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19 d sculpt arch pics

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19 d sculpt arch pics

  1. 1. Sculpture
  2. 2. Sculpturein the Later 19 Century th• issues of realism and expression related to sculpture in the later 19th century.• selection of contemporary subject matter by sculptors.• Identify representative sculptors and works of the later 19th century.
  3. 3. Sculpture: Realist and Expressive• Examine issues of realism, expression and subject matter in sculpture of the later 19th century.
  4. 4. Figure 29-47 JEAN-BAPTISTE CARPEAUX, Ugolino and His Children, 1865–1867. Marble, 6’ 5” high. Metropolitan Museum of Art, New York (Josephine Bay Paul andC. Michael Paul Foundation, Inc. andthe Charles Ulrich and Josephine Bay Foundation, Inc., gifts, 1967).
  5. 5. Figure 29-48 AUGUSTUS SAINT-GAUDENS, Adams Memorial, Rock CreekCemetery, Washington, 1891. Bronze, 5’ 10” high.
  6. 6. Fig. 29-48
  7. 7. Figure 29-49 AUGUSTE RODIN, Walking Man, 1905, cast 1962. Bronze, 6’ 11 3/4” high. Hirshhorn Museum and Sculpture Garden,Smithsonian Institution, Washington(gift of Joseph H. Hirshhorn, 1966).
  8. 8. Fig. 29-49
  9. 9. Figure 29-50 AUGUSTE RODIN, Burghers of Calais, 1884–1889, cast ca. 1953– 1959. Bronze, 6’ 10 1/2” high, 7’ 11” long, 6’ 6” deep. Hirshhorn Museum and Sculpture Garden, Smithsonian Institution, Washington
  10. 10. The Arts & Crafts Movement• ideas of Ruskin and Morris in shaping the Arts and Crafts Movement.• interest in aesthetic functional objects in the Arts and Crafts Movement.• preference for high-quality artisanship and honest labor.
  11. 11. Figure 29-51 WILLIAM MORRIS, Green Dining Room, 1867. Victoria & Albert Museum, London.
  12. 12. Figure 29-52 CHARLES RENNIE MACKINTOSH, reconstruction (1992–1995) ofLadies’ Luncheon Room, Ingram Street Tea Room, Glasgow, Scotland, 1900–1912. Glasgow Museum, Glasgow.
  13. 13. Nature in Art Nouveau Architecture• organic nature forms in Art Nouveau architecture.
  14. 14. Figure 29-53 VICTORHORTA, staircase in the Van Eetvelde House, Brussels, 1895.
  15. 15. Figure 29-54 AUBREYBEARDSLEY, The Peacock Skirt,1894. Pen-and-ink illustration for Oscar Wilde’s Salomé.
  16. 16. Figure 29-55 ANTONIO GAUDI, Casa Milá, Barcelona, 1907.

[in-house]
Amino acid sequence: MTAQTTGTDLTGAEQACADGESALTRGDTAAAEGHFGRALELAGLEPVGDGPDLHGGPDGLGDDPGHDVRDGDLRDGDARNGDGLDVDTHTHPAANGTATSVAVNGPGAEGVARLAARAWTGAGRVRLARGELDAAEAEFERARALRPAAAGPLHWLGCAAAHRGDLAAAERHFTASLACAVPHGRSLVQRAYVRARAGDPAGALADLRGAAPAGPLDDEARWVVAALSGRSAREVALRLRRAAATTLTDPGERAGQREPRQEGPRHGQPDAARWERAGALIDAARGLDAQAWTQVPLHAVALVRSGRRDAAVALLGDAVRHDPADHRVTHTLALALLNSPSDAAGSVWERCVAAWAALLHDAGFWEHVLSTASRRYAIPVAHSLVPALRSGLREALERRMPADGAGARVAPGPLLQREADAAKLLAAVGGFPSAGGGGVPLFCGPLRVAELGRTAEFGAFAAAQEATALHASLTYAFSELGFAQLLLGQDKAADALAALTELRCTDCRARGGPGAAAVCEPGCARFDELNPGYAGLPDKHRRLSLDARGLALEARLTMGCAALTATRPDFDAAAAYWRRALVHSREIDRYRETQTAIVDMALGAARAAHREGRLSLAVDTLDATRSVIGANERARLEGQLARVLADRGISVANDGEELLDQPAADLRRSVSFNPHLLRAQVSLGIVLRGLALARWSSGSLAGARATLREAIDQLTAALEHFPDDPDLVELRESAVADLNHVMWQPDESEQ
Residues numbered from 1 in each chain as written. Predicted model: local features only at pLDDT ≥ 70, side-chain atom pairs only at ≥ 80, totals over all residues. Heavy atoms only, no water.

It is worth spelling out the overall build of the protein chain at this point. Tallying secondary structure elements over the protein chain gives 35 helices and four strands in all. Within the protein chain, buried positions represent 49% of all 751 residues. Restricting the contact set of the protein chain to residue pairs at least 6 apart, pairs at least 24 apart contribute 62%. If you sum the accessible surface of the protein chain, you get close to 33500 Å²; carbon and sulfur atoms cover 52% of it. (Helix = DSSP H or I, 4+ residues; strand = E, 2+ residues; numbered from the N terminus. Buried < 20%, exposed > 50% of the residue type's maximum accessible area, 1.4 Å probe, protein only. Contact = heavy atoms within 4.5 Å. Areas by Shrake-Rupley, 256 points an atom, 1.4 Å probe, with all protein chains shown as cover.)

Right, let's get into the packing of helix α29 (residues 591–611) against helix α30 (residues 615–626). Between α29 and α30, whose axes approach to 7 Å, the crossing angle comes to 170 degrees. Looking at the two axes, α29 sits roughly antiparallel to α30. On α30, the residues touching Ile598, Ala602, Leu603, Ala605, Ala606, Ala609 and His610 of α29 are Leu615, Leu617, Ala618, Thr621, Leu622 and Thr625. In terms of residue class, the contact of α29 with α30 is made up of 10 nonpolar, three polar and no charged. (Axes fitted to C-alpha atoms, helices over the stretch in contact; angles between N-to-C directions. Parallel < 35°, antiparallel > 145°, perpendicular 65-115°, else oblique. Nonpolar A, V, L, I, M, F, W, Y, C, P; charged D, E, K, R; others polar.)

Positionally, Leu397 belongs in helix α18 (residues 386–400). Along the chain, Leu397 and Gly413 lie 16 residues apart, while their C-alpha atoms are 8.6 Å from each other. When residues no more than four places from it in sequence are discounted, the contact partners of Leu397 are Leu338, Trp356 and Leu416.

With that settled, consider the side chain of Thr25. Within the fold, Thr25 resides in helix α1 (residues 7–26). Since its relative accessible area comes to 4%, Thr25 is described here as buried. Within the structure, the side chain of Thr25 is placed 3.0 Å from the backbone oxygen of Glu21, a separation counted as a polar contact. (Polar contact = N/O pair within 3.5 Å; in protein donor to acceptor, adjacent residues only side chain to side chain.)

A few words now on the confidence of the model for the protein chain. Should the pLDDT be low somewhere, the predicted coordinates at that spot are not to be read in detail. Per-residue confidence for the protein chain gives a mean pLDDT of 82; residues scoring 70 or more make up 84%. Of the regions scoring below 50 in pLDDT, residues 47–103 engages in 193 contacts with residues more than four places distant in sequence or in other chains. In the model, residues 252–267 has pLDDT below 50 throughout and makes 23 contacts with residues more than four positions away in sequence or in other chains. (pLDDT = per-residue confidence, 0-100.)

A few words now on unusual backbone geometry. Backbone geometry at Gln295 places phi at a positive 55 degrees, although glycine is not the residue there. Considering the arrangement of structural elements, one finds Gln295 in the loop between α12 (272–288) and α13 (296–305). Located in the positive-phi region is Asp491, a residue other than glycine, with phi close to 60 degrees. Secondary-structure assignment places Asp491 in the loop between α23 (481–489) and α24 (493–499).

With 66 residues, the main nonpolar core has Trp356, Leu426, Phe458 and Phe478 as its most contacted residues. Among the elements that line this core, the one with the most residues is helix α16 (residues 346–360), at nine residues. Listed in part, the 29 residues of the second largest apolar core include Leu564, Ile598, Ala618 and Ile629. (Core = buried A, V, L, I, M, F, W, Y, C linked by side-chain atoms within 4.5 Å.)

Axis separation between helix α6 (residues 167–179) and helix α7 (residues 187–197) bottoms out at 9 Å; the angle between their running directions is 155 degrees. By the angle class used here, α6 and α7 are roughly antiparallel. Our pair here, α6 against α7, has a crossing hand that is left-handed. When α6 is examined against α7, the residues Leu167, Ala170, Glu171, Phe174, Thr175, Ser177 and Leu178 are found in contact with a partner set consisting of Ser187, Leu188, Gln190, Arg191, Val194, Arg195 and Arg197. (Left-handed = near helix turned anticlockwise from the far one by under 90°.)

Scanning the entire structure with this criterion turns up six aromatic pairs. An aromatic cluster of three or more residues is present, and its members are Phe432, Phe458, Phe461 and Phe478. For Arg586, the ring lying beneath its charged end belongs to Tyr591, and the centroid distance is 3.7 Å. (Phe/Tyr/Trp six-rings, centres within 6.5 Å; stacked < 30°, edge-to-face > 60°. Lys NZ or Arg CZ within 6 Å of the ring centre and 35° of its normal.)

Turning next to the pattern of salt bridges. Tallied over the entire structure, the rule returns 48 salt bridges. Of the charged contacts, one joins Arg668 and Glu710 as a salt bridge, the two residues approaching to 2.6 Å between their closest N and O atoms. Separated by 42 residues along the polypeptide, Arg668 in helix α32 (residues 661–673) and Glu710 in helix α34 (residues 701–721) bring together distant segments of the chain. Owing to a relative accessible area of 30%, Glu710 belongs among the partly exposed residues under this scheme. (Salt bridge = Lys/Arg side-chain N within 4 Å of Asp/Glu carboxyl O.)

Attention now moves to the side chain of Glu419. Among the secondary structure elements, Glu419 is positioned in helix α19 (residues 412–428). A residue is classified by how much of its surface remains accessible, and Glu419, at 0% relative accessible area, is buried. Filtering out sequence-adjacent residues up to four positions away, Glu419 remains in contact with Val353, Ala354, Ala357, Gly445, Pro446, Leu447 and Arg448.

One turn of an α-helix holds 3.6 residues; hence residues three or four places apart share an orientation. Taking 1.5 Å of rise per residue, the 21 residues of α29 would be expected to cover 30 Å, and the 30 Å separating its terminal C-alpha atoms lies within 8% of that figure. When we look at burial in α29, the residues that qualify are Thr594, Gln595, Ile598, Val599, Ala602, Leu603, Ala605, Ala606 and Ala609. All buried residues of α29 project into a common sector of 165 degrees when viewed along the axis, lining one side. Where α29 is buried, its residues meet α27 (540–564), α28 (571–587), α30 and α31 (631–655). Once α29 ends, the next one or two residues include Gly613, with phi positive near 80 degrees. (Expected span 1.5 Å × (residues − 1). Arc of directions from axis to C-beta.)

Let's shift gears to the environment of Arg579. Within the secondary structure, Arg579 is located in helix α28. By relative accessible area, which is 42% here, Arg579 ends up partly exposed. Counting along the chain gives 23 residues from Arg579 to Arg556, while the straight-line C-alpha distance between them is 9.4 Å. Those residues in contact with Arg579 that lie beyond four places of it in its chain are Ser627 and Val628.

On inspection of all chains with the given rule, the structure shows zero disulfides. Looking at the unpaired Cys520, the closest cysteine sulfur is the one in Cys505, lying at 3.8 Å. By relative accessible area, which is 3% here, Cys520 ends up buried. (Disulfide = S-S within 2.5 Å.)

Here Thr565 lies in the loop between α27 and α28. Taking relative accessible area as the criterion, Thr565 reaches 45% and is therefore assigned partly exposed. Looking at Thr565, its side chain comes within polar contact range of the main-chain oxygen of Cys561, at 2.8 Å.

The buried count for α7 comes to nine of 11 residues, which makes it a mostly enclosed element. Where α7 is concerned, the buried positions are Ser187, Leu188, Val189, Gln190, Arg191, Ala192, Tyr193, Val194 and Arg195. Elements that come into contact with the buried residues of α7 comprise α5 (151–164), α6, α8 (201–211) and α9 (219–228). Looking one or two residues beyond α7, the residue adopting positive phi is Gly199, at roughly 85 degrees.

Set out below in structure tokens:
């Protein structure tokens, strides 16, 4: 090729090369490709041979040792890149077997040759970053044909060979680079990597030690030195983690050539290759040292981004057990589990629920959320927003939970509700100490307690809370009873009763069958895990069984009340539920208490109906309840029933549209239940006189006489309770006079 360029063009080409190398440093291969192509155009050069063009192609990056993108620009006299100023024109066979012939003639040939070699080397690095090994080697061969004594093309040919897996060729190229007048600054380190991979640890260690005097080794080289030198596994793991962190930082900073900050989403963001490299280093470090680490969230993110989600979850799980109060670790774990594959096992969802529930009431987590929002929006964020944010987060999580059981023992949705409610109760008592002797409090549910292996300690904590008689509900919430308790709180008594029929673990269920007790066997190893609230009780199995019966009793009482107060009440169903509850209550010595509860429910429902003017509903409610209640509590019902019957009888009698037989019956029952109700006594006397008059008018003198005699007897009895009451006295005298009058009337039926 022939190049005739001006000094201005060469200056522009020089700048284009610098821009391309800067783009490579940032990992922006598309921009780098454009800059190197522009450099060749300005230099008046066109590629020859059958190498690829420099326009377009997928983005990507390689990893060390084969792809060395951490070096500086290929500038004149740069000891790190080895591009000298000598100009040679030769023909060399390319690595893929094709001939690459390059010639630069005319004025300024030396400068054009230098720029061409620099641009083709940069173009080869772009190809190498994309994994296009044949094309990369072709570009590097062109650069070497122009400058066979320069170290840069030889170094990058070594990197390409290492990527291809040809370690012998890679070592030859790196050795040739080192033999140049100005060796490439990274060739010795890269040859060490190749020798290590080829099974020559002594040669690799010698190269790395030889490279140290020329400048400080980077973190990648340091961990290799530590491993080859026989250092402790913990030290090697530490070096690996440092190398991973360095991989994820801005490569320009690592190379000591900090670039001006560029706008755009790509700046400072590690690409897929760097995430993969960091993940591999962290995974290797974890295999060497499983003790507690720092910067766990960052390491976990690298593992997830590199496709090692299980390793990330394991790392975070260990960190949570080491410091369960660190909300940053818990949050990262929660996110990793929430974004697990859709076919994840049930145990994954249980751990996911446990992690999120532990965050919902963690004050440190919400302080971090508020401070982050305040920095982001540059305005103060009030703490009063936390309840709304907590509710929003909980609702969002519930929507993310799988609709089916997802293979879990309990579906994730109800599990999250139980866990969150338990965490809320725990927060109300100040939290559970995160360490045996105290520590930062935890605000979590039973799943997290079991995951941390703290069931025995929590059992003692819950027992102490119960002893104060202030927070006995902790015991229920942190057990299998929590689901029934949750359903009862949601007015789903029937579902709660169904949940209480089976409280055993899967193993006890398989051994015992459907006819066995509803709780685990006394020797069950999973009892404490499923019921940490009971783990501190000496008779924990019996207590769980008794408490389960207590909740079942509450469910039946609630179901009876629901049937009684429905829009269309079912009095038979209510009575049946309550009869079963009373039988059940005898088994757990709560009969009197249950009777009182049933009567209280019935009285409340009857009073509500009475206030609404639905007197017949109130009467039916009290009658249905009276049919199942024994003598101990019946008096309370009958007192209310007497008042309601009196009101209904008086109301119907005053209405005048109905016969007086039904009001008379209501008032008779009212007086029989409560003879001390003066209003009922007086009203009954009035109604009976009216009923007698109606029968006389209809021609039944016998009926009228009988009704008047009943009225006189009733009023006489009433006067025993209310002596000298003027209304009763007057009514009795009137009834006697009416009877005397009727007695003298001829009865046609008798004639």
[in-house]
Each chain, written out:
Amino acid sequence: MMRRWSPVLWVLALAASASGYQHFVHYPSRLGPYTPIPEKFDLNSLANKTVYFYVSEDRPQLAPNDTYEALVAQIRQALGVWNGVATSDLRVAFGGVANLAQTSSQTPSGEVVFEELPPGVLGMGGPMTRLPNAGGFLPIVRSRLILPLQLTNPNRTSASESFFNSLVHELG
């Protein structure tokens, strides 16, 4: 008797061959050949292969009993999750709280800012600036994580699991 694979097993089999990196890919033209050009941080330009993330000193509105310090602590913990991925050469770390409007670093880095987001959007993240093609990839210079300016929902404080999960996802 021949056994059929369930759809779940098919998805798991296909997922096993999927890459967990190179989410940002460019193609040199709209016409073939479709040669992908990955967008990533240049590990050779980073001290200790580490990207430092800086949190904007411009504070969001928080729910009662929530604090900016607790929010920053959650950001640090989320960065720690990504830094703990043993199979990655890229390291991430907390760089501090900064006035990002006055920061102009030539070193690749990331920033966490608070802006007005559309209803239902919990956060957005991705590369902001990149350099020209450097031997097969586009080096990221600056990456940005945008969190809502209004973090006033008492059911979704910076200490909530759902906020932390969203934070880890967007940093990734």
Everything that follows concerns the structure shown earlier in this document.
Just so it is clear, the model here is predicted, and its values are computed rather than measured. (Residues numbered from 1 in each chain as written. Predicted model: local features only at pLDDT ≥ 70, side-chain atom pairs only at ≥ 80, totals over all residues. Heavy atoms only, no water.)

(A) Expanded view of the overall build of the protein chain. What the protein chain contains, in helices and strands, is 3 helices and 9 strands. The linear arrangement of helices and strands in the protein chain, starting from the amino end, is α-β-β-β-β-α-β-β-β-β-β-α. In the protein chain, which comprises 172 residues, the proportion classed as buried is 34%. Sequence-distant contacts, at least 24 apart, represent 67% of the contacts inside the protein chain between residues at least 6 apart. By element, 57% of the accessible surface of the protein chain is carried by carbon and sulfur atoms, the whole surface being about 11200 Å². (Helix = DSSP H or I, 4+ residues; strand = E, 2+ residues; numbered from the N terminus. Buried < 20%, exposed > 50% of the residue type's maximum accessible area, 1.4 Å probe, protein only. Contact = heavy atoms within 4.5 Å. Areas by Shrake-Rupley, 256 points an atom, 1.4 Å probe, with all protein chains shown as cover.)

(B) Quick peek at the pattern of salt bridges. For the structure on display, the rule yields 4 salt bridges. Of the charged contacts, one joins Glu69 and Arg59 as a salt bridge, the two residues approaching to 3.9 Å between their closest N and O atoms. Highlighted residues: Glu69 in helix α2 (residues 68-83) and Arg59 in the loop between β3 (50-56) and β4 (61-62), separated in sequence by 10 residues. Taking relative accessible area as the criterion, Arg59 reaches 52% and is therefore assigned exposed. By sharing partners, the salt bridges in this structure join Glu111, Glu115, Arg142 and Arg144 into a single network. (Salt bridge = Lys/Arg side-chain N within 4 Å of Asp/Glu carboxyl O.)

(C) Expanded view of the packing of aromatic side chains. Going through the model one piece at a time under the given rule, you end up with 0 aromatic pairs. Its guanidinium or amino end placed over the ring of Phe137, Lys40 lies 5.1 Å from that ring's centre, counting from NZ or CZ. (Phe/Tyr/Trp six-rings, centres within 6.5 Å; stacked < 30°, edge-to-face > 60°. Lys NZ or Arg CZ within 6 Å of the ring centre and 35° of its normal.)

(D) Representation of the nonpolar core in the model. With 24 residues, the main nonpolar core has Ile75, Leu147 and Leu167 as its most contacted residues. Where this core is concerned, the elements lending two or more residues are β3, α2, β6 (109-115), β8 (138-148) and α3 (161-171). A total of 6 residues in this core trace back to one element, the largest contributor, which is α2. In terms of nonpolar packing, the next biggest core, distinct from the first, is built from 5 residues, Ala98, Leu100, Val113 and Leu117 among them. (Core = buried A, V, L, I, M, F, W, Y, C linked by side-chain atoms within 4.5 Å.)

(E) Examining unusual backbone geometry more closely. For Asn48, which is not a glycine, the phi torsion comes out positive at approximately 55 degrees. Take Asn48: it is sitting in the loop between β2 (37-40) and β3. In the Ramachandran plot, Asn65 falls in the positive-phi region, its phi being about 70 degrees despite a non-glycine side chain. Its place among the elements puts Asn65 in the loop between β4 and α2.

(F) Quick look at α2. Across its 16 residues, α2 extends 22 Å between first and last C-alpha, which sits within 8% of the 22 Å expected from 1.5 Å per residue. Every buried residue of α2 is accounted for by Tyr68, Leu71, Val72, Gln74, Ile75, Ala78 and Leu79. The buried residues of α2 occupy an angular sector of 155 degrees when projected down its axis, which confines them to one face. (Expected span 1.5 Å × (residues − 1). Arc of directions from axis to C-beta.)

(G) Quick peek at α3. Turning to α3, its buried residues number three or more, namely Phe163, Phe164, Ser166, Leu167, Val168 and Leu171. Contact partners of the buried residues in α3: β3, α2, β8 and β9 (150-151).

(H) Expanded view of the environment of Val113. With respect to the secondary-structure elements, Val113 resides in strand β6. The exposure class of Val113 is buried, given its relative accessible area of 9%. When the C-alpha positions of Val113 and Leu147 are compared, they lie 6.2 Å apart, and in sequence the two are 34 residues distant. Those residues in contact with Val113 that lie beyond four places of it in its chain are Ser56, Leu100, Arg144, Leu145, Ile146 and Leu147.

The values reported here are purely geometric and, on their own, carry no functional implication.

17. 17. Figure 29-56 GUSTAV KLIMT, The Kiss, 1907–1908. Oil on canvas, 5’ 10 3/4” x 5’ 10 3/4”. Austrian Gallery, Vienna.
  18. 18. Figure 29-62 LOUISCOMFORT TIFFANY, Lotustable lamp, ca. 1905. Leaded Favrile glass, mosaic, and bronze, 2’ 10 1/2” high. Private collection.
  19. 19. Architecturein the Later 19 Century th• new technology and changing needs of urban society and their effects on architecture.• new materials use in architecture and the forms made possible as a result.• how architects were able to think differently about space as a result of new technology and materials.• the remarkable work and theories of Louis Sullivan.
  20. 20. Figure 29-57 ALEXANDRE-GUSTAVE EIFFEL, Eiffel Tower, Paris, 1889 (photo: 1889–1890). Wrought iron, 984’ high.
  21. 21. Figure 29-58 HENRY HOBSON RICHARDSON, Marshall Field wholesale store (demolished),Chicago, 1885–1887.
  22. 22. The Architecture of Louis Sullivan
  23. 23. Figure 29-59 LOUIS SULLIVAN, Guaranty(Prudential) Building, Buffalo, 1894–1896.
  24. 24. Figure 29-60 LOUIS SULLIVAN, Carson, Pirie, Scott Building, Chicago, 1899– 1904.
  25. 25. Figure 29-61 RICHARD MORRIS HUNT, The Breakers, Newport, Rhode Island, 1892.
  26. 26. Discussion Questions In what ways did the Modernist art of the later 19th century break from the past? How did Modernist artists call attention to the ‘facts’ of art making? Why did the public find the subjects, forms, and techniques of the Impressionists shocking? What would you consider the most important breakthrough in architecture?

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